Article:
Researchers at the University of Maryland have developed a new template that they hope will enable a safer alternative to liquid electrolytes, which have several drawbacks, including flammability, leakage and dendrite formation in the electrodes.
In “Lithium-ion conductive ceramic textile: A new architecture for flexible solid-state lithium metal batteries,” published in Materials Today, UMD researchers Eric Wachsman, Liangbing Hu and colleagues explain how they developed a solid-state battery using a non-flammable ceramic electrolyte known as garnet.
The research team used available fabrics as a template for creating lithium-conducting garnet fiber mat textiles, then filled the pore space between the fibers with a solid polymer electrolyte. The result was a scalable process to create hybrid ceramic/polymer lithium electrolytes with higher conductivity and strength.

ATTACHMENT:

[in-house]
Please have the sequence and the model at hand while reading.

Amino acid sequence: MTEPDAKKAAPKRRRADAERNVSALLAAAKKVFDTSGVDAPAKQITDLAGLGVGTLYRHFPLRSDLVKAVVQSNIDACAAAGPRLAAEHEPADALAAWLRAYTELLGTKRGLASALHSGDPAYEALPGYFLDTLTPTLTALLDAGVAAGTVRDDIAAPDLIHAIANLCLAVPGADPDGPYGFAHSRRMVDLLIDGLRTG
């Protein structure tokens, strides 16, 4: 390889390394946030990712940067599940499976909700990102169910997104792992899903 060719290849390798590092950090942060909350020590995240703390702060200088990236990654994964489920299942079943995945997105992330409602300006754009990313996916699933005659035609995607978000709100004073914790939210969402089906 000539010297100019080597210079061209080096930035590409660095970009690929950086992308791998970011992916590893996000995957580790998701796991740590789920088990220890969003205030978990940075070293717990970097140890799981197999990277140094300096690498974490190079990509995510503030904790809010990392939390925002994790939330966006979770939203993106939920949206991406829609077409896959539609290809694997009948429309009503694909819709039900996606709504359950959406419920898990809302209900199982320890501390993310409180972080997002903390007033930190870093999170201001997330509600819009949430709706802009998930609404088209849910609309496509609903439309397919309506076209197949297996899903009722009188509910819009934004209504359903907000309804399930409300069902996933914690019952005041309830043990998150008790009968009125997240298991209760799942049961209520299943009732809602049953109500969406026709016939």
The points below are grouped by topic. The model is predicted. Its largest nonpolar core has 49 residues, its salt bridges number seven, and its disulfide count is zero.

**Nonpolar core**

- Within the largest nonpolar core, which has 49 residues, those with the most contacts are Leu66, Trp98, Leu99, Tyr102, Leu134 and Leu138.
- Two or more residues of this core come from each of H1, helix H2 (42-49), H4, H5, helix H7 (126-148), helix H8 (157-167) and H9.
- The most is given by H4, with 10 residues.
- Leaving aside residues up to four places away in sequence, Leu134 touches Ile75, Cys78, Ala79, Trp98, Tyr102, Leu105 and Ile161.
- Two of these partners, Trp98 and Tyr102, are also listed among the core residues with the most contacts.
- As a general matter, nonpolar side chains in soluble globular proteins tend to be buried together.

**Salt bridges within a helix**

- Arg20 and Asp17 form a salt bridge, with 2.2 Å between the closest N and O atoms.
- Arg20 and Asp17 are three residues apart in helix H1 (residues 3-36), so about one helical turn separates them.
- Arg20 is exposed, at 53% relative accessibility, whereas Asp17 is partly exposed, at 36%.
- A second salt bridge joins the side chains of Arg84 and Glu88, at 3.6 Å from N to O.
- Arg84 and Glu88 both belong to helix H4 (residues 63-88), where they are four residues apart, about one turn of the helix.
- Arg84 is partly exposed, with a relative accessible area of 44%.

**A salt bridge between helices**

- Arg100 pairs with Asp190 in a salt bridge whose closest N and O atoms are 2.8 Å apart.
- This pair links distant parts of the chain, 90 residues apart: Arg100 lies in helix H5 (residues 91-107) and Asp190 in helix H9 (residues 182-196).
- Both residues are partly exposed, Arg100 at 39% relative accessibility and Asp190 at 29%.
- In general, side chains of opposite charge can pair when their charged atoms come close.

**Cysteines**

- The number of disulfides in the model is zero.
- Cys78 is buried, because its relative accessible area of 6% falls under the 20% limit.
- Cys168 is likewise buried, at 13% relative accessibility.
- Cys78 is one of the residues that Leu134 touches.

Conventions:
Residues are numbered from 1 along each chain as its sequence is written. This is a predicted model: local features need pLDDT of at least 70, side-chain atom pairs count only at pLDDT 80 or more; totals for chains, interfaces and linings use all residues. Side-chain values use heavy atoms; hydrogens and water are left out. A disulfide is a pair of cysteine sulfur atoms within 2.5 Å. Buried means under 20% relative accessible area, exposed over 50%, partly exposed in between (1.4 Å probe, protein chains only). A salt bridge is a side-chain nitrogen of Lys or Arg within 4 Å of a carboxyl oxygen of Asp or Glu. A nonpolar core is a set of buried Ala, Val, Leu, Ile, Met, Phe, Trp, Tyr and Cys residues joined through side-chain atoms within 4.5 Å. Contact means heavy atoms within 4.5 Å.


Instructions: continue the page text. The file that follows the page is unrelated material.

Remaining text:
“The goal of this research is to develop safe solid-state components for use in lithium-metal batteries,” said lead author Dr. Yunhui Gong. “Such components should have good ionic conductivity, abundant surface area and scalable production potential. We have successfully developed a garnet-fiber textile to meet these key requirements.”
“Nothing like this has ever been done before,” said Dr. Wachsman. “The resulting hybrid structure is capable of fast-ion conduction through the continuous ceramic fibers, but with the flexibility of more traditional polymer electrolytes. What’s more, the garnet fibers will help block the formation of Li-dendrites, thus enabling higher capacity Li-metal anodes.”
The research group will continue its research efforts with the goal of making the textile thinner to reduce resistance to ionic transport between electrodes.
Source: University of Maryland